There usually isn’t much variety in what you can add to pepper a Valentine’s eve with grace and romance; you wouldn’t want to miss these two either, or there is no point in making such a night so special. Musicians do think about you on that occasion and pull out to lovers a good reminder of the power that unites, when, you know, words are missing to explain what it’s about, when all is untold feelings. Love classics was a journey through every shade of musical love after an agile pick of pieces for a 14th February.
The show opened with Tchaikovsky’s fantasy overture from Romeo & Juliet and set the mood for a first half much appealing to classical music buffs. It is a piece full of inflorescent patterns that patiently builds-up, seemingly travelling through all emotions – passion, joy, hate, fear, anger, climaxing to sizzling upward fast scales that never miss to be striking when performed live by an orchestra. I can’t help but think of how history has so sadly wasted great bits by taking Tchaikovsky away from us before it was time.
The next piece was our gourmet’s main course of the night as well as the pièce de bravoure. Rachmaninoff’s no. 2 piano concerto in C is a long, colorful and tormented showcase of intensity. Satisfying the quest for complexity and romantic chord resolutions, young pianist Ji Liu was brought in for the occasion and displayed, as we’ve become accustomed it seems in this early XXIst century, an amazing sum of talent and maturity for his seemingly young age. Ji belongs to this breed of pianists that need not to put up a flamboyant physical show to distract the audience’s.
Solely hands were at work to let the music do the talking, much like Liszt’s prodigy student Carl Tausig dismissed any form of spectakel at the same time he was rumored to have no pianistic equivalent.
After the break, we were recalled again how Carmen is an inextinguishable bag of head swaying, foot stomping tricks. A honorable mention goes to a detuned habanera, which I salute for giving the classical listener a different approach onto colors usually suggested by this piece.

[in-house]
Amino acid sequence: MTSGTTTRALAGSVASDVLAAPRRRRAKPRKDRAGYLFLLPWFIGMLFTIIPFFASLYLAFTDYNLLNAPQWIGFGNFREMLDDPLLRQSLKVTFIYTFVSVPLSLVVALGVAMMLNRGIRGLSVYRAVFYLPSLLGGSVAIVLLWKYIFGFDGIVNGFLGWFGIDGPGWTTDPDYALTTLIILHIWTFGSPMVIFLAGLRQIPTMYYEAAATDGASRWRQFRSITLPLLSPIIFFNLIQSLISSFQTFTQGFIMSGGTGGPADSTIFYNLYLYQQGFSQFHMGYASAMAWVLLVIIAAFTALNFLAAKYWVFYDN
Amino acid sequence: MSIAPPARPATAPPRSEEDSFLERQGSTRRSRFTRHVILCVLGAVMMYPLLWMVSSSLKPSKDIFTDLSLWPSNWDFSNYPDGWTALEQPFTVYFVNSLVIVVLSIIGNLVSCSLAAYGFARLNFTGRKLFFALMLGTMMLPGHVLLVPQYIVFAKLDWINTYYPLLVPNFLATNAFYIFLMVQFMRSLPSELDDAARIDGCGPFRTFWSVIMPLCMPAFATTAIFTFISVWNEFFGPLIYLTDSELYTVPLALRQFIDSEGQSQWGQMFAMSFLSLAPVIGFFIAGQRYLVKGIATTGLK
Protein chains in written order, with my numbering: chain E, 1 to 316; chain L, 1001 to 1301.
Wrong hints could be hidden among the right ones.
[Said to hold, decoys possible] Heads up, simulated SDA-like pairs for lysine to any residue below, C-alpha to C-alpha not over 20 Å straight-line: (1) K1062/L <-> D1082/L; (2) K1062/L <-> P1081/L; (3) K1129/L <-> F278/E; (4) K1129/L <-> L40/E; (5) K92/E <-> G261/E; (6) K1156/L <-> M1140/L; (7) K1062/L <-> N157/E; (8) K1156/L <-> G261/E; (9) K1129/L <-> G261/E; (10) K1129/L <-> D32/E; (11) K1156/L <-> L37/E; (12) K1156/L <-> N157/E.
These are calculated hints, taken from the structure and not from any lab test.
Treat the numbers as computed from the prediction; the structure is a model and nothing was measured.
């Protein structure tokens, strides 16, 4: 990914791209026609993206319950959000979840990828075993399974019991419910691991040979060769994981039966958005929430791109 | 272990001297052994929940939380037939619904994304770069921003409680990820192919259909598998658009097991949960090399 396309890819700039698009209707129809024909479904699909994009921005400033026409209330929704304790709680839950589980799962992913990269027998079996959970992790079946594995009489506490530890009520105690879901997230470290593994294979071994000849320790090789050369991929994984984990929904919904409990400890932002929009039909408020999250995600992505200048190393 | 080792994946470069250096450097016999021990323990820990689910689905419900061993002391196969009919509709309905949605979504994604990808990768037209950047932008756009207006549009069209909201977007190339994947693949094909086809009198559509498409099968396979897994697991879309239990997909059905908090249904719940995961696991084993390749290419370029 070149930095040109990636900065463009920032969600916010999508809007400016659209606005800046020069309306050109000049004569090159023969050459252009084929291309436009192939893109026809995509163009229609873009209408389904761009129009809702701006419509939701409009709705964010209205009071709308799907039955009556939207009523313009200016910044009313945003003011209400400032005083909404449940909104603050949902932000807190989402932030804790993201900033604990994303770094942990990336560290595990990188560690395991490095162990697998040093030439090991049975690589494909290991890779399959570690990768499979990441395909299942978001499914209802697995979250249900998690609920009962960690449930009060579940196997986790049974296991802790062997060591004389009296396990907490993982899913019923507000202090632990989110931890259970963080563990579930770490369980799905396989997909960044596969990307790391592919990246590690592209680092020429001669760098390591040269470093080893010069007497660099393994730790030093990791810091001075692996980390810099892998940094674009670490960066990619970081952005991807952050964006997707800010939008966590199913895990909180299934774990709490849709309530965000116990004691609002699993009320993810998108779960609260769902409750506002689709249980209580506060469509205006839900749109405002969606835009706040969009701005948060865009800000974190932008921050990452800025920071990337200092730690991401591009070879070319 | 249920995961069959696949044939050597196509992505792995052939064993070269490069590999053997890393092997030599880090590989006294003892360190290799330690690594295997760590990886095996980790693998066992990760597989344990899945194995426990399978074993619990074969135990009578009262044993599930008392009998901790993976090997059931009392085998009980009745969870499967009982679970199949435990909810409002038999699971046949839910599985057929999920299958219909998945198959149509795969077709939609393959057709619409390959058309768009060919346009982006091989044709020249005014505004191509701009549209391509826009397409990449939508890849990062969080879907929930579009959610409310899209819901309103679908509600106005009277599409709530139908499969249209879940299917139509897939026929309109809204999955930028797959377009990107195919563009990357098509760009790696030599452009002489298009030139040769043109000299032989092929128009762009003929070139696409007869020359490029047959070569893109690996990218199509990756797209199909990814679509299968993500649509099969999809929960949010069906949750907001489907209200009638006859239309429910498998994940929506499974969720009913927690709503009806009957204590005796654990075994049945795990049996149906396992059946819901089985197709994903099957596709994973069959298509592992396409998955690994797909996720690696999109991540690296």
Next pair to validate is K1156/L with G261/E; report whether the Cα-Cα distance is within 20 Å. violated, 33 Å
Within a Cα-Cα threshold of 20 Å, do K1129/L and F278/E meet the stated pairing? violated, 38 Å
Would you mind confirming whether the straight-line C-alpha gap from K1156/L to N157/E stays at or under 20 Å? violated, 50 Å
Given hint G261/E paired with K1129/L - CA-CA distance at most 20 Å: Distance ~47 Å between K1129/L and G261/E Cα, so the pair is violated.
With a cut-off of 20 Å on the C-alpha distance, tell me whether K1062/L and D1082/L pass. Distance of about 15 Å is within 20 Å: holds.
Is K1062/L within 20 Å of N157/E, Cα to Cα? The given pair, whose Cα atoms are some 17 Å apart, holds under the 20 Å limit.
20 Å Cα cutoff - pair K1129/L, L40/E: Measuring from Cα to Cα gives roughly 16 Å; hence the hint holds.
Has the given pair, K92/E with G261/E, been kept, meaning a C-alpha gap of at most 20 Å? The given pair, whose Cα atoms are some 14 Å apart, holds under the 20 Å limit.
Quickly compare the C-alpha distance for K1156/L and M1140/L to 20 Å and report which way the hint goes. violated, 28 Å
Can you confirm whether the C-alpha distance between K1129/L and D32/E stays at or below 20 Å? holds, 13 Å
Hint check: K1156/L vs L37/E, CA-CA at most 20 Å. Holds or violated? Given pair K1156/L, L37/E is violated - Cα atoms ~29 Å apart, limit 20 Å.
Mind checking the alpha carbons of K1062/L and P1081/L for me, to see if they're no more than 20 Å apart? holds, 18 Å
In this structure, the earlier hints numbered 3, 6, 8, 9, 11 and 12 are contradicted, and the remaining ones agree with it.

I didn’t know the Intermezzo of Cavalleria Rusticana beforehand, which afterwards, looking on the web tells me for those who might remember, that it is performed in the ultimate act of The Godfather. The Lord be praised The Godfather didn’t have another sequel, by the way. That beautiful Intermezzo pictures a melancholic love on the edge, slightly unexpected harmonies at times foretelling us of a catastrophe to come, and of uncertainty. Which is why we then moved to Vienna for a more rejoicing Waltz to which every Valentine should take his beloved to (Strauss’ Roses from the South).
A no-fail recipe to crowning a success at any night at the concert hall if you ask me, the Bolero wrapped it all up. I’ve personally never been too keen on this piece, probably because I find it to be an unrisky crowd pleaser, though a tough nut to crack to any skilled orchestra. I know everyone is mad about, so I won’t do any harm to Ravel. What’s more is that I’ve never been to fond of encores either. When the show’s over, it’s over, isn’t it? But there we went and conductor Timothy Henty took up the stage again after a frank ovation, and blimey! He took me by surprise with Lara’s Theme from Doctor Zhivago. A timeless piece performed marvellously in par with our memories of the movie. Bravo maestro Henty, I will remember your name and feel in safe hands next time you’re on my concert list, even if you do jump and hop a bit surprisingly for a conductor!